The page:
|US4826284 *||Mar 6, 1987||May 2, 1989||Kureha Kagaku Kogyo Kabushiki Kaisha||Resin-made heat-resistant optical fiber|
|US4836642 *||Jul 29, 1988||Jun 6, 1989||Mitsubishi Rayon Company, Ltd.||Cladding material for optical fiber|
|US4883339 *||Jul 17, 1987||Nov 28, 1989||Spectran Corporation||Oxide coatings for fluoride glass|
|US4923268 *||Oct 14, 1988||May 8, 1990||Aster Corporation||Fiber optic coupler|
|US4938562 *||Jul 14, 1989||Jul 3, 1990||Spectran Corporation||Oxide coatings for fluoride glass|
|US4941730 *||May 13, 1988||Jul 17, 1990||Idemitsu Petrochemical Company Limited||Plastic optical transmittable fibers|
|US4979799 *||Apr 26, 1989||Dec 25, 1990||Hoechst Aktiengesellschaft||Optical waveguide with polymer core and polymer cladding|
|US5007706 *||Feb 19, 1987||Apr 16, 1991||The Dow Chemical Company||Polymeric optical fiber|
|US5235660 *||Jul 10, 1992||Aug 10, 1993||Peachtree Fiberoptics, Inc.||Graded polymer optical fibers and process for the manufacture thereof|
|US5346655 *||Jul 26, 1993||Sep 13, 1994||At&T Bell Laboratories||Method of thermoforming an optical fiber end|
|US5406641 *||Jun 15, 1993||Apr 11, 1995||Rohm And Haas Company||Flexible light pipe, cured composite and processes for preparation thereof|
|US5485541 *||May 9, 1994||Jan 16, 1996||Rohm And Haas Company||Cured composite, processes and composition|
|US5916495 *||Apr 14, 1997||Jun 29, 1999||Sumitomo Electric Industries, Ltd.||Plastic optical fiber preform, and process and apparatus for producing the same|
|US5923805 *||Dec 22, 1997||Jul 13, 1999||Lucent Technologies Inc.||Connector for plastic optical fiber|
|US20030021577 *||Jul 18, 2002||Jan 30, 2003||Asahi Glass Company Limited||Plastic optical fiber and process for its production|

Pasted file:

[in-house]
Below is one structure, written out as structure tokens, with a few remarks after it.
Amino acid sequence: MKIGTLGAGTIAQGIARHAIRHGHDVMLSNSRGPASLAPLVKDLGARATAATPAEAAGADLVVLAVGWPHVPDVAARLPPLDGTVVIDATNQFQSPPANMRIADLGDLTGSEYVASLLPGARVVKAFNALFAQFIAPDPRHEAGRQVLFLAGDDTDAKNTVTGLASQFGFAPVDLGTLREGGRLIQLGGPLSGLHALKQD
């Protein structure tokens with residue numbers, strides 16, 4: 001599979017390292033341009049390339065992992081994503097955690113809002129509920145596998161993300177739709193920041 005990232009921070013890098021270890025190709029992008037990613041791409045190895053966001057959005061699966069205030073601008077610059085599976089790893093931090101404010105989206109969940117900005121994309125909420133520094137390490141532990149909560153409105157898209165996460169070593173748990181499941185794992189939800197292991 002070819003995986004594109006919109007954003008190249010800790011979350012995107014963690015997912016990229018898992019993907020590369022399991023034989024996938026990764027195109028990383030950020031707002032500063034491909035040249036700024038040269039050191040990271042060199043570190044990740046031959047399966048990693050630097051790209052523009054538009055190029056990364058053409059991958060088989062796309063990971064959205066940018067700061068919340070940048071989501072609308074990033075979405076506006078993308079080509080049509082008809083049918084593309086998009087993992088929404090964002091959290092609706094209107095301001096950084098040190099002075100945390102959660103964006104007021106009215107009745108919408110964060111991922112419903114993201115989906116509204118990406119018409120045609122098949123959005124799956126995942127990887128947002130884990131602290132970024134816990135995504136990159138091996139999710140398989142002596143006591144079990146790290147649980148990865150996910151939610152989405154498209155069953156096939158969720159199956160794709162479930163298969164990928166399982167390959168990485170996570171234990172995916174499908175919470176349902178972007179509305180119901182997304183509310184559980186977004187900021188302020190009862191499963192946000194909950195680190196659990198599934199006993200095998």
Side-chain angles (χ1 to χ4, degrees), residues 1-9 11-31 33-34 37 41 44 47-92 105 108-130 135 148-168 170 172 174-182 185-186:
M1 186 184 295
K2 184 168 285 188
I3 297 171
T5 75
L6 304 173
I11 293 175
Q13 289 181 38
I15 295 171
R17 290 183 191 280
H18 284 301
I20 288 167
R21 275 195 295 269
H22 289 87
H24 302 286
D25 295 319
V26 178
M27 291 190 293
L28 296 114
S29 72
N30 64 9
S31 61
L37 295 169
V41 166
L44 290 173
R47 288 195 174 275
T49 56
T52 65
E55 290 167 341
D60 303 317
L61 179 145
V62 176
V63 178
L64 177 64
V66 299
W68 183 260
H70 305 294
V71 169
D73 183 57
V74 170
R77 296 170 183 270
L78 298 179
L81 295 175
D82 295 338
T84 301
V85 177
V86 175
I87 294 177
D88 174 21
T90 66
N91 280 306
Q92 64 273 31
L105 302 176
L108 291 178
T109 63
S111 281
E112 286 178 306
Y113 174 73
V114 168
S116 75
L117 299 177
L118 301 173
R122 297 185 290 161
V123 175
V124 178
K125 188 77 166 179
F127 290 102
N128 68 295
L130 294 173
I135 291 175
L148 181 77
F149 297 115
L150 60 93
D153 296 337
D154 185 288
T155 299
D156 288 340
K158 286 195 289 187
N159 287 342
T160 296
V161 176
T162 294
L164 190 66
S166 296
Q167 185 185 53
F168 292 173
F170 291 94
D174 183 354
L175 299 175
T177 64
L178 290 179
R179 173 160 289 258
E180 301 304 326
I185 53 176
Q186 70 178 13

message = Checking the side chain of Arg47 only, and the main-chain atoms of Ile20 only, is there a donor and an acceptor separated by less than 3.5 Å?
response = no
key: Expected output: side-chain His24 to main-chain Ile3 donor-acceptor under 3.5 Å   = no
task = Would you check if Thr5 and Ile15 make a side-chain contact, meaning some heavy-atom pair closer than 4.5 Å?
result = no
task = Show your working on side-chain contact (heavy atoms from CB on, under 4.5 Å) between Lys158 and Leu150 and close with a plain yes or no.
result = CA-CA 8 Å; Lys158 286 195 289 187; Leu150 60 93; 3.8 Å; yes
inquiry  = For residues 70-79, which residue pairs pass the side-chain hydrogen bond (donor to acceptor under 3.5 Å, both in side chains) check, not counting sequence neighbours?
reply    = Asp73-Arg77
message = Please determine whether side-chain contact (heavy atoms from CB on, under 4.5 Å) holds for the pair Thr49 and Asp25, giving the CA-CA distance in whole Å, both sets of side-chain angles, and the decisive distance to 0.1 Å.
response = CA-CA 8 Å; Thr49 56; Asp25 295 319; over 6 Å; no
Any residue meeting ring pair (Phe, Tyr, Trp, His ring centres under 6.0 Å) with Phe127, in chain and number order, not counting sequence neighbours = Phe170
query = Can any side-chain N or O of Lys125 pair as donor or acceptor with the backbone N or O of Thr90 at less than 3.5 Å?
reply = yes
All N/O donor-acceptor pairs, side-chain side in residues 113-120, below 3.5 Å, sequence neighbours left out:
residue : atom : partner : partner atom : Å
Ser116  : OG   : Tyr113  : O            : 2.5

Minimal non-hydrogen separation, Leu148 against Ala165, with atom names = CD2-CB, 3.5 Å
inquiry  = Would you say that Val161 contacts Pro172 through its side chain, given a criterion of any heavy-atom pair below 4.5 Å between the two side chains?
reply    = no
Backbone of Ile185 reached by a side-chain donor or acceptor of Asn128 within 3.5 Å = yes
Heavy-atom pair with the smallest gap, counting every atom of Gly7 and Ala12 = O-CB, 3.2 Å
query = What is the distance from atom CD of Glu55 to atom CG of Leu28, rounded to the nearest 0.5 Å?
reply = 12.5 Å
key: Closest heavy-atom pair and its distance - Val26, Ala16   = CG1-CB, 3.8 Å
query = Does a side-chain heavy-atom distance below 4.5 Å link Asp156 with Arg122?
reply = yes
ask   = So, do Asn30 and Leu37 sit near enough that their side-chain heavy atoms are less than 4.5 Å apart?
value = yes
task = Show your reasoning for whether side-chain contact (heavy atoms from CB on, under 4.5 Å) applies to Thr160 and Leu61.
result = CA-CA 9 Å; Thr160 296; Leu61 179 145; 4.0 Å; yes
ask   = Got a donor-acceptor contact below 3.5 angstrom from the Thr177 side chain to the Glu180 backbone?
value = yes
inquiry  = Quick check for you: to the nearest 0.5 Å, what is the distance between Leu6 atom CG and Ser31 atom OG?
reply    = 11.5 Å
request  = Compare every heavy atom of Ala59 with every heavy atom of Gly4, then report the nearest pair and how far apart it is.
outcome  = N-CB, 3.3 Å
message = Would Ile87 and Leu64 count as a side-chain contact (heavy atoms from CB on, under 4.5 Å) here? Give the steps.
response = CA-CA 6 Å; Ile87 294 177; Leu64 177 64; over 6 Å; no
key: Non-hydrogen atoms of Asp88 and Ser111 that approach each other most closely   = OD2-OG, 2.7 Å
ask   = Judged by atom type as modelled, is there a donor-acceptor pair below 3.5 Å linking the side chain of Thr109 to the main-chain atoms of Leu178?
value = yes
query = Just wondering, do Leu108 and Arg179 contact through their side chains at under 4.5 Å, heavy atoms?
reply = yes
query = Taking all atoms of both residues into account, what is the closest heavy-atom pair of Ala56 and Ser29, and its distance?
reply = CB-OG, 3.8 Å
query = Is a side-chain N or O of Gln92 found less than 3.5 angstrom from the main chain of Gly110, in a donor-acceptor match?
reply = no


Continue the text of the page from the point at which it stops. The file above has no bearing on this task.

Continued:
|US20030219219 *||Feb 4, 2003||Nov 27, 2003||Fuji Photo Film Co., Ltd.||Method of producing plastic optical member|
|USRE34901 *||Dec 24, 1992||Apr 11, 1995||Hoechst Aktiengesellschaft||Optical waveguide with polymer core and polymer cladding|
|EP0269821A1 *||Oct 20, 1987||Jun 8, 1988||Hoechst Aktiengesellschaft||Optical waveguide|
|EP0340557A2 *||Apr 21, 1989||Nov 8, 1989||Hoechst Aktiengesellschaft||Light guide|
|EP0340557A3 *||Apr 21, 1989||Oct 9, 1991||Hoechst Aktiengesellschaft||Light guide|
|EP0833174A2 *||Sep 30, 1997||Apr 1, 1998||Bridgestone Corporation||Light transmission system with branched light guide|
|EP0833174A3 *||Sep 30, 1997||Nov 25, 1998||Bridgestone Corporation||Light transmission system with branched light guide|
|WO1989012240A1 *||May 31, 1988||Dec 14, 1989||E.I. Du Pont De Nemours And Company||Process for the stabilization of fluoropolymers|
|WO1994001796A1 *||Jul 9, 1993||Jan 20, 1994||Peachtree Fiberoptics, Inc.||Graded polymer optical fibers and process for the manufacturte thereof|
|U.S. Classification||385/143, 526/282, 264/1.6, 428/394, 428/373, 526/329.7, 385/145, 264/1.28|
|International Classification||B29C47/00, B29D11/00, G02B6/00, G02B1/04, D01F8/10|
|Cooperative Classification||B29D11/00721, G02B1/046, Y10T428/2929, Y10T428/2967, B29C47/0014, D01F8/10, G02B1/048, B29C47/00|
|European Classification||G02B1/04D4, G02B1/04D2, D01F8/10, B29D11/00G10|
|May 4, 1987||AS||Assignment|
Owner name: SUMITOMO ELECTRIC INDUSTRIES, LTD., NO. 15, KITAHA
Free format text: ASSIGNMENT OF ASSIGNORS INTEREST.;ASSIGNORS:UEBA, YOSHINOBU;MIYAKE, SHINICHI;REEL/FRAME:004704/0835
Effective date: 19820815
Owner name: SUMITOMO ELECTRIC INDUSTRIES, LTD.,JAPAN
Free format text: ASSIGNMENT OF ASSIGNORS INTEREST;ASSIGNORS:UEBA, YOSHINOBU;MIYAKE, SHINICHI;REEL/FRAME:004704/0835
Effective date: 19820815
|Jan 11, 1991||FPAY||Fee payment|
Year of fee payment: 4
|Jan 3, 1995||FPAY||Fee payment|
Year of fee payment: 8
|Jan 11, 1999||FPAY||Fee payment|
Year of fee payment: 12